A Baby Hawaiian Monk Seal Born on Waikiki Beach

Hawaiian Monk Seal
Courtesy: Hawaii Department of Land and Natural Resources

The famous Hawaiian Song: May Day is Lei Day in Hawaiʻi became true with the birth of an endangered Hawaiian monk seal pup on Kaimana Beach in Waikiki. Hawaii Tourism Authority wants visitors to stay away- really?

Hawaiian Monk Seals are one of the most endangered species in the United States and are protected by State and Federal law.

Beachgoers in Waikiki are advised to avoid Kaimana Beach during this critical nursing period. Instead, the Hawaii Department of Land and Natural Resources (DLNR) says, “We encourage visitors to go to one of the numerous other lifeguarded beaches across Oʻahu while NOAA Fisheries and Hawai‘i Marine Animal Response diligently monitor and safeguard the seals over the next five to seven weeks.”

Of course, this public announcement circulated by the Hawaii Tourism Authority may have the opposite effect: Tourists may rush to this beach with their cameras in record numbers.

Hawaii Tourism Authority is spreading the word

“We urge visitors to stay alert and keep a respectful distance from these endangered animals and other protected marine wildlife in Hawaiʻi. It’s important to note that mother seals can be highly protective of their young and may bite if they feel threatened.

If you are in an area where the seals are present, please adhere to the following viewing guidelines for your safety and the seals’ well-being:

What to do as a visitor when seeing the monk seal

  • Maintain a distance of at least 150 feet between yourself and the mother seal with her pups on land and in the water.
  • Respect any signage or barriers in place.
  • Follow the instructions provided by officials and on-site personnel.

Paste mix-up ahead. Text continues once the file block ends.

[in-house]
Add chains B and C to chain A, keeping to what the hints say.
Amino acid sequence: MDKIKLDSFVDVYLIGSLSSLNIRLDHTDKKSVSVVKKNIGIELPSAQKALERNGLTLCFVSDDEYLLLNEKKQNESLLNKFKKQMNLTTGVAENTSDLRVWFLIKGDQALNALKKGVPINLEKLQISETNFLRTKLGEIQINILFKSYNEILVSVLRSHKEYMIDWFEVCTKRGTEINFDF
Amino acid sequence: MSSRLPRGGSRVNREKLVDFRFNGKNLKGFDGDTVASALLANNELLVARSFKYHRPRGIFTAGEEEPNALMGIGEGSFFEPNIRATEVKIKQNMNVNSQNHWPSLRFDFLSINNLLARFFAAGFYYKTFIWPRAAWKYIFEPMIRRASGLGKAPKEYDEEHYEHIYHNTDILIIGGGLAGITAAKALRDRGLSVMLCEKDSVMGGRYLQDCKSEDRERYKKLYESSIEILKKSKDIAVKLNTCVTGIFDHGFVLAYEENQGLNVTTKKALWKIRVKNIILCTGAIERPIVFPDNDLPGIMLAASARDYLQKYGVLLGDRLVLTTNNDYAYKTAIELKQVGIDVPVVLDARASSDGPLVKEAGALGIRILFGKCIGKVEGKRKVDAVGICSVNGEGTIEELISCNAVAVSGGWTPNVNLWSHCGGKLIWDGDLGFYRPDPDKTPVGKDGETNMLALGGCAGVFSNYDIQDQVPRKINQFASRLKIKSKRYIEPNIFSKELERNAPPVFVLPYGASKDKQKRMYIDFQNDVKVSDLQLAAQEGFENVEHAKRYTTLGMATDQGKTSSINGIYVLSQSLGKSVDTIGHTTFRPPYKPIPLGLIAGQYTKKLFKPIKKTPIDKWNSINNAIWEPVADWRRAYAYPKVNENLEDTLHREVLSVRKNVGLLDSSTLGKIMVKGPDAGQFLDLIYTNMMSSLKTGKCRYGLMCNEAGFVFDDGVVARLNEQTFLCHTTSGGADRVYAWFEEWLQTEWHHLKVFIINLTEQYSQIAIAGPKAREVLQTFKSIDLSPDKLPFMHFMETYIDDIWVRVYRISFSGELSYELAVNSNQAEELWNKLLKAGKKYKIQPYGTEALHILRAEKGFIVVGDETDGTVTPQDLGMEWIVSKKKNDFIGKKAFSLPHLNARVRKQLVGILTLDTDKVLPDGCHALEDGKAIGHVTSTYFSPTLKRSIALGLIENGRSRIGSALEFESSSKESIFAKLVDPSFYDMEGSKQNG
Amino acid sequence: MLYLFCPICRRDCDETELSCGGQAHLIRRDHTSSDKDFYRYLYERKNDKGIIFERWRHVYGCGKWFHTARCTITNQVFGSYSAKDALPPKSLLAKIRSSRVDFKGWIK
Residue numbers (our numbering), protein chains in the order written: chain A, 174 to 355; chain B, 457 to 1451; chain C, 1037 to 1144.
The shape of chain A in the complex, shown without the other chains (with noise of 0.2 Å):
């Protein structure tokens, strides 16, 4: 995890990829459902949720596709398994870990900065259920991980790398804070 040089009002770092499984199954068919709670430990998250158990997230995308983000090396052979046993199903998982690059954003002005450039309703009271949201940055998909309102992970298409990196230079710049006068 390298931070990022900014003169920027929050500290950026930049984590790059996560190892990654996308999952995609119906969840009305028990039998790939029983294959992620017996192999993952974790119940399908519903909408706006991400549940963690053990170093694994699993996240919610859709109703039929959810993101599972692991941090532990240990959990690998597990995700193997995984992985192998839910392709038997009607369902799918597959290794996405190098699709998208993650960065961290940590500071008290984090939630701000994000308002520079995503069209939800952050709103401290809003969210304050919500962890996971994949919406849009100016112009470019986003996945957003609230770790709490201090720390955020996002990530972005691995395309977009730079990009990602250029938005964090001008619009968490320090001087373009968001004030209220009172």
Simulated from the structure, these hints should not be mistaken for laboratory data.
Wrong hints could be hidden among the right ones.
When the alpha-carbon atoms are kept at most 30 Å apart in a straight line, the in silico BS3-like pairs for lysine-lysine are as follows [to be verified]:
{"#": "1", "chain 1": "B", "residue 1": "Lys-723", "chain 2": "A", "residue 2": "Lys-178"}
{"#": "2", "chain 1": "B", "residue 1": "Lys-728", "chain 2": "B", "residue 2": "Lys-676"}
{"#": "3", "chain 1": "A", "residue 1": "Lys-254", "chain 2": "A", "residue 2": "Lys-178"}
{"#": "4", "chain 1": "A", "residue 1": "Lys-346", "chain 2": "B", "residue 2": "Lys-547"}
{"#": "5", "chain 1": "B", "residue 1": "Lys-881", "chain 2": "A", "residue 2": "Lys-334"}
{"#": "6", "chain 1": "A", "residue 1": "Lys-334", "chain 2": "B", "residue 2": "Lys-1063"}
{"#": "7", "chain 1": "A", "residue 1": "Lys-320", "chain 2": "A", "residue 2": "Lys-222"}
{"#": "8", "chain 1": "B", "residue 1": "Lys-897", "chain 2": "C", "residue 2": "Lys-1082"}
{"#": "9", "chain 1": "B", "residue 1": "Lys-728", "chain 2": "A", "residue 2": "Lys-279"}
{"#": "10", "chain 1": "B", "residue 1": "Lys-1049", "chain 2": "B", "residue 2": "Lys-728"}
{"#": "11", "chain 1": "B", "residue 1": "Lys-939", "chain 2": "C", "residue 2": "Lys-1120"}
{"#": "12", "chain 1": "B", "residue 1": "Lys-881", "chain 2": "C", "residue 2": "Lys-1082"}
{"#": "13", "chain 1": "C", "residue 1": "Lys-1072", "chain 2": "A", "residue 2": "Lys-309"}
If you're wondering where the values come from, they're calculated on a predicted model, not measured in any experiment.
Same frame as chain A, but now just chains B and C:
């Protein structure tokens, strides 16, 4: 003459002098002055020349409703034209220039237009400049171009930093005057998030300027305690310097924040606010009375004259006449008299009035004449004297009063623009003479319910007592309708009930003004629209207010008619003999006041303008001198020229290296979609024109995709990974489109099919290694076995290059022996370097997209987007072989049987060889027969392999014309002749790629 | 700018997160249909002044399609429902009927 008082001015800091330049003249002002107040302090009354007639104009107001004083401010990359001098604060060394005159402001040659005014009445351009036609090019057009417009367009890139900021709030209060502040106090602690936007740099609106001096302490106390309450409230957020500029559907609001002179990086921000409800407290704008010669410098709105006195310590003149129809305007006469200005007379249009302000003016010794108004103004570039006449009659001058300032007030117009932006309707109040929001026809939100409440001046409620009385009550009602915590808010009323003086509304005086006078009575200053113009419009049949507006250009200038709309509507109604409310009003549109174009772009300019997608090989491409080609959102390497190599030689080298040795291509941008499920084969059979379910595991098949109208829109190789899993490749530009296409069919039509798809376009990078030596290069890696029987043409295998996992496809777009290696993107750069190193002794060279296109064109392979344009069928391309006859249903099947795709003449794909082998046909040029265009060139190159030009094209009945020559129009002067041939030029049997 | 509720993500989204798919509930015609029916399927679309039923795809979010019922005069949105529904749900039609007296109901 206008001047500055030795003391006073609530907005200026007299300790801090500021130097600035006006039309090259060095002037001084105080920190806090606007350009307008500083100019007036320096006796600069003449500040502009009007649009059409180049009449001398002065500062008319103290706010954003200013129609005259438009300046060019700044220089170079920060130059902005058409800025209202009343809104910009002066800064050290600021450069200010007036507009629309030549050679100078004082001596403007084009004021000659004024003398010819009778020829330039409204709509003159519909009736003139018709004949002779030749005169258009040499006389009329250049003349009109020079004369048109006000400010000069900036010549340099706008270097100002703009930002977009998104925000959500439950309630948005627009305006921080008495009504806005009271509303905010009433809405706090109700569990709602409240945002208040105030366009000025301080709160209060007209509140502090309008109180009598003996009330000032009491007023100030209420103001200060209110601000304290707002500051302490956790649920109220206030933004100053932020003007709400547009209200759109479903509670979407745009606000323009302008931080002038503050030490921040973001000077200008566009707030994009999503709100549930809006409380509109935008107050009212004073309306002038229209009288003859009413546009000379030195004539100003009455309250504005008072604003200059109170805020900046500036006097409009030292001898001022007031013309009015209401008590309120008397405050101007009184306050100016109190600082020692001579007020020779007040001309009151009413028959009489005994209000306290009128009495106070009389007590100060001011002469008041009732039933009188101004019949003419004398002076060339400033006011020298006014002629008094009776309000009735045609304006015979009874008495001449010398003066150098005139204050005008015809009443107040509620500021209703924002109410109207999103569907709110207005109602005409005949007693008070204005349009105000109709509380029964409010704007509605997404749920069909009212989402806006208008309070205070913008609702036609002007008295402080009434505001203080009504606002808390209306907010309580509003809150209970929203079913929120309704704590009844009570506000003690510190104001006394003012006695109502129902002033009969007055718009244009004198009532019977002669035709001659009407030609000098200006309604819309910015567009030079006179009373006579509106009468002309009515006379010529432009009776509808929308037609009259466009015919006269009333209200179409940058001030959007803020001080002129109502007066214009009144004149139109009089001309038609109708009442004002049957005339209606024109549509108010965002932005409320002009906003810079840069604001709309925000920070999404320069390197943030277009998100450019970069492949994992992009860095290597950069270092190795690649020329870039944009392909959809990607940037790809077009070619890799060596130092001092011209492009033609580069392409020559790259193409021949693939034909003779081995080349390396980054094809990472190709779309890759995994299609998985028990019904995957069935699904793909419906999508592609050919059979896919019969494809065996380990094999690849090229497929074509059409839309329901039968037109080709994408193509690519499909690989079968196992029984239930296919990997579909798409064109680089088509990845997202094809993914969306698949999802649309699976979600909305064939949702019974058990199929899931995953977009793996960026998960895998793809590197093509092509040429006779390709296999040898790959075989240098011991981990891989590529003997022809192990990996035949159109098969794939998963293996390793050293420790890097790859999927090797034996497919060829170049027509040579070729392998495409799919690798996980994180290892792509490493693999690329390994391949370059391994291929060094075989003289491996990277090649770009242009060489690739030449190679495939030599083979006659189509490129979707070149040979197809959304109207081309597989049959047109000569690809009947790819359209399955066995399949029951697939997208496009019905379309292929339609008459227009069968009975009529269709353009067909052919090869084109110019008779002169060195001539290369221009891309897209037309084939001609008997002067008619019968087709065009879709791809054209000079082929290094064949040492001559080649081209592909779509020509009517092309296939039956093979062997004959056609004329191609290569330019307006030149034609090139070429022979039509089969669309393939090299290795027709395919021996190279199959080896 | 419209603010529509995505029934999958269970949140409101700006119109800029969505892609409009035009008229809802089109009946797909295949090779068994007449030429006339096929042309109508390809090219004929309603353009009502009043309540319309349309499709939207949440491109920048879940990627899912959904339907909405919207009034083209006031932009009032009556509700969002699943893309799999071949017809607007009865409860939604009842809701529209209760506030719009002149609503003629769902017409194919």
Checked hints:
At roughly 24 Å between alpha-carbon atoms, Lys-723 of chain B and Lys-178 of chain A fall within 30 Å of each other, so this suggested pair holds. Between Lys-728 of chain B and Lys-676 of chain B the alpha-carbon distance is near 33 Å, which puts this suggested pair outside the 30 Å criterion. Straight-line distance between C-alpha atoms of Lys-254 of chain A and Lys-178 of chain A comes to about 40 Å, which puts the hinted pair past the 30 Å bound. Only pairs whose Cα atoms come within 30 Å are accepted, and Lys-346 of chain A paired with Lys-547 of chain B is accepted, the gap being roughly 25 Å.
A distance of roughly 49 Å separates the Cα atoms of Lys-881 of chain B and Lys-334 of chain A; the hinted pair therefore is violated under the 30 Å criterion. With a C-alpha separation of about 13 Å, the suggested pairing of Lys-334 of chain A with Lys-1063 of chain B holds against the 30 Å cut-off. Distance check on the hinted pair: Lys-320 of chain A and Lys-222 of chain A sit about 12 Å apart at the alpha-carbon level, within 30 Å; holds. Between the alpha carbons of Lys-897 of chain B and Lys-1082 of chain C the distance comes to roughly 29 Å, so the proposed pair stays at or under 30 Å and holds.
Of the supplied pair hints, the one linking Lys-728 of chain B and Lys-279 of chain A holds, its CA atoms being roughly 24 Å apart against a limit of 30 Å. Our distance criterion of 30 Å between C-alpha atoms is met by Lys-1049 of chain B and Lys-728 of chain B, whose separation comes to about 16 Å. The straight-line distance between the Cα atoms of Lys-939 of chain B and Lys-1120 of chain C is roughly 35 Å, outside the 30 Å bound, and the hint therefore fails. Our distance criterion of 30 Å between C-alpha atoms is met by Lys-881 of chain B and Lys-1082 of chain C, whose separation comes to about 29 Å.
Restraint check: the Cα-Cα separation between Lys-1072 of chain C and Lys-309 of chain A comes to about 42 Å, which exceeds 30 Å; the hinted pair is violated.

Mother seal RK96, known as Kaiwi, gave birth to her latest pup on Kaimana Beach in Waikīkī! Community members reported the birth on May 1, 2024, and NOAA Fisheries, state, county, and non-profit partners implemented their joint response plan.

Hawaiian monk seals are one of the most endangered seal species in the world, so each pup represents hope for the species recovery. Unfortunately, new pups are also very vulnerable. It takes a combined effort to help them survive!

Taking Care of the Baby 

Kaiwi and her pup will be inseparable during the 5- to 7-week nursing period. The pup will spend most of its time nursing. It needs mom’s milk to develop properly and build reserves for surviving on its own when Kaiwi leaves in a few short weeks. If Kaiwi is disturbed during this critical period, she could abandon her pup, and the pup’s survival could be in jeopardy.

“Giving these seals space is the number one way you can support Hawaiian monk seal mothers and their pups,” said Kilali Gibson, Oʻahu Marine Wildlife Response Coordinator, NOAA Fisheries Pacific Islands Regional Office. “Approaching or attempting to play or swim with monk seals can change their behavior and ability to survive on their own in the wild.”

Swimmers should be aware to avoid injury

Keeping your distance is also vital for your safety. Hawaiian monk seals are generally not aggressive—but that can change during motherhood. Mother seals can be very protective of their new pups, which have previously seriously injured swimmers. We and our partners strongly recommend using alternate beach and ocean recreation areas, such as swimming.

“By staying behind the perimeter and choosing to swim at a different beach, you can stay safe while also playing a big part in helping recover this endangered species,” Gibson added.

This is now Kaiwi’s sixth pup! She was born on Oʻahu on the Kaiwi coastline and is 13 years old. Her previous pups include:

  • 2023 – RS36 (Pualani), female born on Kaimana Beach, Waikīkī
  • 2021 – RP96 (Lōliʻi), male born on Kaimana Beach, Waikīkī
  • 2020 – RM26 (Nohea), female born along Kaiwi coastline
  • 2018 – RK24 (Wawamalu), male born along Kaiwi coastline
  • 2016 – RH36 (Kawena), female born along Kaiwi coastline

Kaiwi is the second known seal to give birth in Waikīkī. The first was RH58 (Rocky). In 2017, Rocky gave birth to RJ58 (Kaimana) in 2017 and RQ58 (Koalani) in 2022.

About the author

Juergen T Steinmetz

Juergen Thomas Steinmetz has continuously worked in the travel and tourism industry since he was a teenager in Germany (1977).
He founded eTurboNews in 1999 as the first online newsletter for the global travel tourism industry.

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